All that remains… ghosts of former times at Bonnie Vale
Story & photographs: Russ Grayson 2002
AT FIRST, I thought the two women were just day trippers, people out to enjoy the early Spring sunshine. They stood close together, looking at the fibro shack with its galvanised iron roof that was still in good condition after all these years, and talked quietly in the stop-and-start fashion of people comfortable with each other.
“There was a community hall over there where they held dances… and over there is where we saw the ghost”, said one of the woman, pointing to an area of open space.
They moved towards where I stood, camera in hand, attaching a polarising filter to my lens. It was the younger one who spoke, a woman of late-middle age with a quiet voice. We acknowledged each other, made small talk about the warmth of the day, then somehow the discussion got around to why we were there. I explained my interest in the old huts. The woman explained that as a child she used to come on holidays here with her family.
“We lived in Newtown then. Now we live in the western suburbs”, she said.
It was on one of those holidays that, one night all those years ago, she and the other children saw the ghost that was rumoured to haunt the settlement. Now, more than 70 years after the first holiday-makers came, it is the settlement itself which is becoming a ghost of ts former self. Bonnie Vale, a monument to the way people lived and enjoyed themselves in the middle years of the Twentieth Century, has been progressively diminished by a National Parks and Wildlife service that has believed that such artifacts have no place in our national parks. A pocket of Sydney’s social history could disappear from the south bank of the Hacking River.
A modest settlement of ordinary people
The modest, fibro and galvanised iron huts that dot the flat land between the forested hills and the beach at Bonnie Vale have been holiday home to generations of Sydney families. They occupy a small corner of Royal National Park, Australia’s first and most-visited park which separates Sydney’s sprawling southern suburbs from the Illawarra region to the south. Continuing a 70-year old tradition, each January Sydney families gather on the flats to erect their tents, to swim, fish and enjoy the end-of-year break.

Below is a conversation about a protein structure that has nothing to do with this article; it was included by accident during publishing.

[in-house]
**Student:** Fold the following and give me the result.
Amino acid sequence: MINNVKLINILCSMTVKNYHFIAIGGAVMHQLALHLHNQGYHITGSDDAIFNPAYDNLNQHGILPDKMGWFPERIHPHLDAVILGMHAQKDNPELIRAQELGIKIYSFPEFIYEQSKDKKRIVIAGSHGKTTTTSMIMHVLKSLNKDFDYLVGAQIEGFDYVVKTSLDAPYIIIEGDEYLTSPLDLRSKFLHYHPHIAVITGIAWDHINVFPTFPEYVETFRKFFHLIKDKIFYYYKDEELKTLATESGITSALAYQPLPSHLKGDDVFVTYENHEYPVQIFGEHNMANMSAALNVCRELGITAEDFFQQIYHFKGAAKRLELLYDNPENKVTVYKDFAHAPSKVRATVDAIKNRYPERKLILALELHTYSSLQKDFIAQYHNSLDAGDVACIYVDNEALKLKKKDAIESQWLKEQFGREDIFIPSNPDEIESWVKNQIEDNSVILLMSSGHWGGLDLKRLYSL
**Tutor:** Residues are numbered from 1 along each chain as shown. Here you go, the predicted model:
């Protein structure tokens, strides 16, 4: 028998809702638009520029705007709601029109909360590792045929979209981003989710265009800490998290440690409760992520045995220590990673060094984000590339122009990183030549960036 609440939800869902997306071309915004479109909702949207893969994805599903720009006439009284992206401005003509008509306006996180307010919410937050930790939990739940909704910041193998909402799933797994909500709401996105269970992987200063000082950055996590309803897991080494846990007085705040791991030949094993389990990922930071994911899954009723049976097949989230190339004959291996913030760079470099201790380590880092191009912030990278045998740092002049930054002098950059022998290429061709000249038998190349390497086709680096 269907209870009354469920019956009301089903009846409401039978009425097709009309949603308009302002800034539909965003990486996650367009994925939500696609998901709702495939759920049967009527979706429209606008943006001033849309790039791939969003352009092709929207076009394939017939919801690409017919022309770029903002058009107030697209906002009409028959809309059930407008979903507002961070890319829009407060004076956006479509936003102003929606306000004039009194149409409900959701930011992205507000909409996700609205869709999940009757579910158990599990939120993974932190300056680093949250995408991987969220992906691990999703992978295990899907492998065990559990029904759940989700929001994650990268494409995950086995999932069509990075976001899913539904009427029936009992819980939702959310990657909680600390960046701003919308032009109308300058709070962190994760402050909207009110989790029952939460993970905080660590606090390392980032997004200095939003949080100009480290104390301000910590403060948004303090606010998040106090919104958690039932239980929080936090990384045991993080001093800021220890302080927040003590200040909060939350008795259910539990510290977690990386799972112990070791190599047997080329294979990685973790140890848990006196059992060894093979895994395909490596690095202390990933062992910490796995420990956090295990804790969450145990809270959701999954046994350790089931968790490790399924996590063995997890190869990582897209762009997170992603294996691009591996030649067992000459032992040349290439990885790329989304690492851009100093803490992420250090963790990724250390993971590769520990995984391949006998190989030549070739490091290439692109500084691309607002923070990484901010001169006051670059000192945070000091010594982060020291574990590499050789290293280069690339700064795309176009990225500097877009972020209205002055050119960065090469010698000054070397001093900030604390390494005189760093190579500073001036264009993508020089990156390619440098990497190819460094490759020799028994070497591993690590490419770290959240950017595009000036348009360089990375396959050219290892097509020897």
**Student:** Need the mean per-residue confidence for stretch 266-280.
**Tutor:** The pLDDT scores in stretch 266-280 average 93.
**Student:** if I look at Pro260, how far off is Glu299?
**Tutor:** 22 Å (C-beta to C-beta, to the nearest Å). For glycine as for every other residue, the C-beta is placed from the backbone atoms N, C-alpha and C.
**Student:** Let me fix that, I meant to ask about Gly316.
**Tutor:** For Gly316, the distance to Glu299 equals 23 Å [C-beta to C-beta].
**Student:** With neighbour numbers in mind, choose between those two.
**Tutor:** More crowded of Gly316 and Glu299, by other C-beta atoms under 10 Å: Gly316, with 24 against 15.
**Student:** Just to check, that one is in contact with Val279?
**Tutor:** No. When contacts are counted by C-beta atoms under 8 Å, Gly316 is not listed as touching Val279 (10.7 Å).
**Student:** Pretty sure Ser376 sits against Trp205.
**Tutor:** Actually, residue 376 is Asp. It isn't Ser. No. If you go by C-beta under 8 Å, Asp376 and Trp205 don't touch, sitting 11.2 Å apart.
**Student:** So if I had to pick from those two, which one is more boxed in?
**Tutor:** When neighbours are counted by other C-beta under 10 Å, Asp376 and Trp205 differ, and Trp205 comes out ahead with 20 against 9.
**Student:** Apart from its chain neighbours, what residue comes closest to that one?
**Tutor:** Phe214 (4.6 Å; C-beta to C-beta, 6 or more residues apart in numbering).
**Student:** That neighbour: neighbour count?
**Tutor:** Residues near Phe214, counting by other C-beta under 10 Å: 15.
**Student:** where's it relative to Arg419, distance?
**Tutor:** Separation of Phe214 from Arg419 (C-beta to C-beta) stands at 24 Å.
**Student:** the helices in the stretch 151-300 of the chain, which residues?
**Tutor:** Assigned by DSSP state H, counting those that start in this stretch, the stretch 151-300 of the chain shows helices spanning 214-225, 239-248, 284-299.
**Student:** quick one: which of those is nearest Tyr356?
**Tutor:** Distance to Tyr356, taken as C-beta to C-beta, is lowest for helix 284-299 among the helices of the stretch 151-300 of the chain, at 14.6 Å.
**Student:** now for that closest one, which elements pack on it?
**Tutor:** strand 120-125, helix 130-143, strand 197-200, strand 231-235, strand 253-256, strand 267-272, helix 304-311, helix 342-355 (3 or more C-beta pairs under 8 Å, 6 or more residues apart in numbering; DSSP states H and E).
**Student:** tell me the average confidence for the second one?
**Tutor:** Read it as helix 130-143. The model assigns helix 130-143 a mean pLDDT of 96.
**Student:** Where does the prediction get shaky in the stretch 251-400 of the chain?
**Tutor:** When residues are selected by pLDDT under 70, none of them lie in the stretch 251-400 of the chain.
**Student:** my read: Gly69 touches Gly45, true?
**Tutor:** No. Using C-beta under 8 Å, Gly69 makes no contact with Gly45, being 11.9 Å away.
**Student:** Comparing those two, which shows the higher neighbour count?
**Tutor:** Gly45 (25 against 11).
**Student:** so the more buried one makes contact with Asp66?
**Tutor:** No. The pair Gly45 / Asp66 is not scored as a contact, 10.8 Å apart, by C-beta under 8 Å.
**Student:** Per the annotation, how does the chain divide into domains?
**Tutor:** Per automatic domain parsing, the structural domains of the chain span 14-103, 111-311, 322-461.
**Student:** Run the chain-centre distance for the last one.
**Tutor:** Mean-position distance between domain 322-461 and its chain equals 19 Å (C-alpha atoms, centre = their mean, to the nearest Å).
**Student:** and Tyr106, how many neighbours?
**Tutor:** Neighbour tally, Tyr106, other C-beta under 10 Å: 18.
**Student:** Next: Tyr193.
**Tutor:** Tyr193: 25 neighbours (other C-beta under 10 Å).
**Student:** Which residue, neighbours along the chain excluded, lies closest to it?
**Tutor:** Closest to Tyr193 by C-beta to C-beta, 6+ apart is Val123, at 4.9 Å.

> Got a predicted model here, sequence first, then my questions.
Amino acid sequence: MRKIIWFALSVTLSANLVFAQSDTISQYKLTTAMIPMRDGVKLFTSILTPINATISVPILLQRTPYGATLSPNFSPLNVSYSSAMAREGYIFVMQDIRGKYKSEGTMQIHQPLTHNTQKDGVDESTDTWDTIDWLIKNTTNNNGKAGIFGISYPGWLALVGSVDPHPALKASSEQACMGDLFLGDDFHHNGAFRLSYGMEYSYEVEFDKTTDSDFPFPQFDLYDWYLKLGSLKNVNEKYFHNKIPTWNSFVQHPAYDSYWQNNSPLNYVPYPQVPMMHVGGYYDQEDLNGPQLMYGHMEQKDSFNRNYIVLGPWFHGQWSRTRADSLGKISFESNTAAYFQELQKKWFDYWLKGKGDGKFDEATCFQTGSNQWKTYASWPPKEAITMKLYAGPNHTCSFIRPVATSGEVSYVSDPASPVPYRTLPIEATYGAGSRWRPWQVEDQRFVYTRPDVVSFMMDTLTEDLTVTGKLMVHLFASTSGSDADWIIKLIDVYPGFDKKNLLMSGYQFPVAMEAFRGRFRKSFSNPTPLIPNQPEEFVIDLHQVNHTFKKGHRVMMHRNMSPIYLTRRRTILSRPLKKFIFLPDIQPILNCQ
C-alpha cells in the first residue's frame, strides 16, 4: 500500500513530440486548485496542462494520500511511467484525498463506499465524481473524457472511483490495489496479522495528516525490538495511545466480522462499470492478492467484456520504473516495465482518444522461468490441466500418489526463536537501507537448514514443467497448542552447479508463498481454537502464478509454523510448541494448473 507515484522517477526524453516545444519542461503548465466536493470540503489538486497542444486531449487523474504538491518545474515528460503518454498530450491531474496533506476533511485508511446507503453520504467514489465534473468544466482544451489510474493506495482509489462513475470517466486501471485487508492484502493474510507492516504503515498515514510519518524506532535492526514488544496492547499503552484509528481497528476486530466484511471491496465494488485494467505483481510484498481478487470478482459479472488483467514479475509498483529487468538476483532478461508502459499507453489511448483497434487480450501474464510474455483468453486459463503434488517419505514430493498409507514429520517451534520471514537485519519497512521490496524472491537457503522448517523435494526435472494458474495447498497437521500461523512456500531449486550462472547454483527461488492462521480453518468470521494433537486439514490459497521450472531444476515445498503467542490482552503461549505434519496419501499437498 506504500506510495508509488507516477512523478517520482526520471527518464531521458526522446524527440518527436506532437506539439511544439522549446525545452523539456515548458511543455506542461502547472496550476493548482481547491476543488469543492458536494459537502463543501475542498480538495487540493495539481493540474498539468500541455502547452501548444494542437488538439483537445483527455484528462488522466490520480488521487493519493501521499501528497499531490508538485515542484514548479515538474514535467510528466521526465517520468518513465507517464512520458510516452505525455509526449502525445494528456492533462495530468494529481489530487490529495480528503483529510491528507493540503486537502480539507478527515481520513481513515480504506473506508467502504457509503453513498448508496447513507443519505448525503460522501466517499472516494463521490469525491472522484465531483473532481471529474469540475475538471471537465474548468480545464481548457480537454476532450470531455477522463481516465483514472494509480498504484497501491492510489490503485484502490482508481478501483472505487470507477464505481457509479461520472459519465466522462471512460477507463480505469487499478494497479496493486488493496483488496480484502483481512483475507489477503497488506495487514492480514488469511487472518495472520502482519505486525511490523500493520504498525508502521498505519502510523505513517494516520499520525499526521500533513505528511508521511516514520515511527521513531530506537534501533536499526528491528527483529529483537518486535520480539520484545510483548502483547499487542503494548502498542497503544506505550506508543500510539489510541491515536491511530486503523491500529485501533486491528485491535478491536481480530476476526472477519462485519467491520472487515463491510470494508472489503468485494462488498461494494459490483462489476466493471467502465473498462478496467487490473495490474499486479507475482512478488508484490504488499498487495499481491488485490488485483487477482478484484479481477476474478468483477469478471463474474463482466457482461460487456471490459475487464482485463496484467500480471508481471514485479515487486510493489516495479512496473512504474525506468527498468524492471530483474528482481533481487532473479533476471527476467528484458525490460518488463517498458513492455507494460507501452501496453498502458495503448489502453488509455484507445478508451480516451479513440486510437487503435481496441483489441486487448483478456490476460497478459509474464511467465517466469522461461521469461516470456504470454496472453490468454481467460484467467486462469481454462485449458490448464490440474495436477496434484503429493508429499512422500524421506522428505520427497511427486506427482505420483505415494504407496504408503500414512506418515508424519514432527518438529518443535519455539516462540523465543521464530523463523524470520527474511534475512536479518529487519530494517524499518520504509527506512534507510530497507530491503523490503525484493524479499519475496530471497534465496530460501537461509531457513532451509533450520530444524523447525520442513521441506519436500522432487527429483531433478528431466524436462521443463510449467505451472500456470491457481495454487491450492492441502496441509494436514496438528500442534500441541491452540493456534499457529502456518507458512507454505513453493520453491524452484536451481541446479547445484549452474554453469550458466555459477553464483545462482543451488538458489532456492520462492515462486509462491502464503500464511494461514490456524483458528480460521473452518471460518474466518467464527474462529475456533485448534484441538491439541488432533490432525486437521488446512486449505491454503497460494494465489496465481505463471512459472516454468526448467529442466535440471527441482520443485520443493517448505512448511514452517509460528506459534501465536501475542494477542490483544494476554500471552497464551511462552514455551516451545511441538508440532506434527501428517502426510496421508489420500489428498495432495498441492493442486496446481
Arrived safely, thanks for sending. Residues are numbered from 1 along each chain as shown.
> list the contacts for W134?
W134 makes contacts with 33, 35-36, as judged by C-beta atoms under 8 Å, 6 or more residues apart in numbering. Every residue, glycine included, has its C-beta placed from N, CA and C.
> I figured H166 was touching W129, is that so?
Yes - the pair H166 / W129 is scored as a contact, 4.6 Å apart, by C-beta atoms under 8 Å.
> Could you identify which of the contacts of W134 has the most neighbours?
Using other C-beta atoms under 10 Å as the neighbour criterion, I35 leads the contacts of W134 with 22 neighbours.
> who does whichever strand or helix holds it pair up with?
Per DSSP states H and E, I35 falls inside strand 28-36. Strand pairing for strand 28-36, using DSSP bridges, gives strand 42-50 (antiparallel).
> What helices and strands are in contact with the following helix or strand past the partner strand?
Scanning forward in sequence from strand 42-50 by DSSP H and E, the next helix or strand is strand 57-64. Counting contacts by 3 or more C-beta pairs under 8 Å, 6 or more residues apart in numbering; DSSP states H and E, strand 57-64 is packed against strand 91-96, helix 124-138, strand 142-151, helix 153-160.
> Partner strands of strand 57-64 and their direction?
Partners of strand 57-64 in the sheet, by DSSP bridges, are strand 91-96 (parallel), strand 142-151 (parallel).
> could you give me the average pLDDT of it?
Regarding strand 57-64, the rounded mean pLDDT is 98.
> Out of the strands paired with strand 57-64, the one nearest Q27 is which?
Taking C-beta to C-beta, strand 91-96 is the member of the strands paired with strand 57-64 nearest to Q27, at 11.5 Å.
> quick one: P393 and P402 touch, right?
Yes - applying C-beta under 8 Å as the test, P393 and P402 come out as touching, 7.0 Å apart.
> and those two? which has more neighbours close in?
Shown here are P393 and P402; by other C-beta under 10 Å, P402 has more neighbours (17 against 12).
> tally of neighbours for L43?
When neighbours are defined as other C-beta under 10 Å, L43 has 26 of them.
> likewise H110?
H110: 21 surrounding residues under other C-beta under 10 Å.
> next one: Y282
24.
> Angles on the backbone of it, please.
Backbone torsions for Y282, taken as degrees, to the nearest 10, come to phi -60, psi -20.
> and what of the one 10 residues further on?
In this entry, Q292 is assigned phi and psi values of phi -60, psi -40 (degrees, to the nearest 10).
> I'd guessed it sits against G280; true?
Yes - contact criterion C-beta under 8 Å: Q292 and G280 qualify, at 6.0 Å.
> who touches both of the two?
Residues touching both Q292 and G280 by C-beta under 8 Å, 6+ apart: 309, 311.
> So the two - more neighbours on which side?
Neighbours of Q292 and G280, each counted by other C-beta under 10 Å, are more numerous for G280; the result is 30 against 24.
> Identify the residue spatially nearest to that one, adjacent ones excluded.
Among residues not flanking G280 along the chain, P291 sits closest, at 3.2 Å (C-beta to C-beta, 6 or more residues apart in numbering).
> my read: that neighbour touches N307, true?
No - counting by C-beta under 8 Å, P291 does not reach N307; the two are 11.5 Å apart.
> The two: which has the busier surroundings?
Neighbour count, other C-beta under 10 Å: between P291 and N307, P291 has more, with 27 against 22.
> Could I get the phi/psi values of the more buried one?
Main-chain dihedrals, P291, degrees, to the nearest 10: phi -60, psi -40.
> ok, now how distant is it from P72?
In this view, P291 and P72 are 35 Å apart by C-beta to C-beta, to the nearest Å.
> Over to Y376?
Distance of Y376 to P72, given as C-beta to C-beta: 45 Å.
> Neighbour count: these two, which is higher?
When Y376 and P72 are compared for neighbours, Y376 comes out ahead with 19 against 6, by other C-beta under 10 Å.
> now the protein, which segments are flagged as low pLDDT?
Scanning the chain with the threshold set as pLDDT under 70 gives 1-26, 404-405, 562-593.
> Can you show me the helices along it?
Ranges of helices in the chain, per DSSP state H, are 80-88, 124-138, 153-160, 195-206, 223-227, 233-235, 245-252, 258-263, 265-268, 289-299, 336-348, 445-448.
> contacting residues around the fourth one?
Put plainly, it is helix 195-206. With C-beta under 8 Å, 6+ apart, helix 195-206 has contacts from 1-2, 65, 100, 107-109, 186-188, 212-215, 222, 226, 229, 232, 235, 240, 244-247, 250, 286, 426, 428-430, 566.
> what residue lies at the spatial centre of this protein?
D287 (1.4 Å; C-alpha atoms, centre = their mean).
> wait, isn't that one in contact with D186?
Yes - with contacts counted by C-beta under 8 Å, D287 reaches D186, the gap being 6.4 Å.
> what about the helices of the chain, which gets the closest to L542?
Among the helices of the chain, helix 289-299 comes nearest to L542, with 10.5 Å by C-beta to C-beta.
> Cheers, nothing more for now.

The densely-packed settlement of owner-built holiday buildings that was Bonnie Vale pre-dates the incorporation of the area into the national park in 1947. By the 1950s, the impromptu, unplanned settlement was a thriving village of modest, simple huts of the kind one built by holidaymakers at other settlements at South Era, Bulgo, Little Garie and Burning Palms, all now within Royal National Park. Like these other settlements, Bonnie Vale evolved from a seasonal tent city.
Recollections of Bonnie Vale’s early history are vague. According to the NPWS, “It is not clear when the cabins at Bonnie Vale were first constructed. An early reference suggests that some fishermen’s huts may have been in existence before 1918 but this is unsubstantiated and conflicts with other evidence. One other report proposed the 1930s and it is apparent that there were cabins at Bonnie Vale before the Second World War.”
Stephen Ward, once a resident of neighbouring Bundeena and publisher of Village Voice, the local newspaper, wrote in The Bulletin that, ” …between the ’30s and the ’50s (Bonnie Vale) grew to about 500 permanent campsites and about 200 fibro cabins. At first, the depression accounted for its popularity, as Syd